Earlier today, on Twitter, I made the claim that Achen’s “A Rule of Three” (often referred to as ART) is “insanely misleading.” Brevity is not always clarity, so I wanted to follow up.
A Rule of Three (ART): A statistical speciﬁcation with more than three explanatory variables is meaningless.
Strong words, obviously, given the usual number of variables in a statistical model. Does this mean that three variables provide “enough” control? In actuality, Achen’s answer is “no” and this supposition forms that basis for his reasoning:
If one needs several more controls, then there is too much going on in the sample for reliable inference.
Inherently, three variables is not enough for most data situations, so just dropping K-3 variables from a given regression wouldn’t quite work or get to Achen’s point. His more subtle point is that causal heterogeneity in most samples hinders the ability to make valid or reliable inferences. Thus, Achen’s actual advice (at least in this paper) is to subset the data to a level such that only three variables are needed:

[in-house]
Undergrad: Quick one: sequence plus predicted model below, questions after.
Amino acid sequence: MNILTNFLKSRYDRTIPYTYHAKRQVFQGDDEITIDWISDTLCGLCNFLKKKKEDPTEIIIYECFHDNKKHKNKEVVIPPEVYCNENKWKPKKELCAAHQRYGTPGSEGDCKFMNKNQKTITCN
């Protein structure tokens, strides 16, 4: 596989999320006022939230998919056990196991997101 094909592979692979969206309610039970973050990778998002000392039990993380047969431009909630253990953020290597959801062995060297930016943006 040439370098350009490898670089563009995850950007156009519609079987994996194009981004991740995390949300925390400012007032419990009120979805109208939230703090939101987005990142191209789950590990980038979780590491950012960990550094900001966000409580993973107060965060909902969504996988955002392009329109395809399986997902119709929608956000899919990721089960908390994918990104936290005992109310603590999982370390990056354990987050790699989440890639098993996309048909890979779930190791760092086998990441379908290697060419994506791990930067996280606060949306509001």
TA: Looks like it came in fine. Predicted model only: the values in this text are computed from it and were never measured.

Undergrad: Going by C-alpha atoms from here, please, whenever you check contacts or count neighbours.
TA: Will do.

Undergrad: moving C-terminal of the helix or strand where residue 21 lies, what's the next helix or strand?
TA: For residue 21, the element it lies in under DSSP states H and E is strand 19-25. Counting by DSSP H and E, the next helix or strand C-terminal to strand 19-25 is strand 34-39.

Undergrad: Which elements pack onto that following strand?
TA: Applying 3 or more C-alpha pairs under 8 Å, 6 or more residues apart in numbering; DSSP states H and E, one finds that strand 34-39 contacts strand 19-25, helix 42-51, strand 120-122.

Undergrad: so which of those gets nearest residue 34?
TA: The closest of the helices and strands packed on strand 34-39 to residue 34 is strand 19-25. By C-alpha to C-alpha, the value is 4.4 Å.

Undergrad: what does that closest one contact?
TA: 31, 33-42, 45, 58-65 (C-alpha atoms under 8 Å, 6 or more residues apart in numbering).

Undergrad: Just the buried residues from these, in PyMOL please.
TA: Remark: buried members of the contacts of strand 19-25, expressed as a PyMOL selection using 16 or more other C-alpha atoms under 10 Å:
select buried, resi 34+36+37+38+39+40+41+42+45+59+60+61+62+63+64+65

Contrary to the received wisdom, it is not the “too small” regressions on modest subsamples with accompanying plots that should be under suspicion. Instead, the big analyses that use all the observations and have a dozen control variables are the ones that should be met with incredulity.
Achen’s point is not that we should only control for three variables, but rather that our statistical models should only include (and only need to include) three variables. We should “control for” other variables by stratification/subsetting the data. Interestingly, this critique is similar to causal inference scholars crying foul at the “constant effects” assumption inherent in many structural equation models. And the remedies are similar as well: make “small” comparisons within subgroups is exact what those causal inference folks are advocating (they just want to average across the subgroups, perhaps Achen would prefer not to, I’m not sure).
The point I do not see Achen making here is that more control is bad. He wants to control for many factors, just not by including them in a model. He would rather account for them by stratification. Which is great! But it actually doesn’t get around the problems of post-treatment bias. Selecting your sample based on a post-treatment variable is equivalent in terms of bias to controlling for a post-treatment variable in a regression.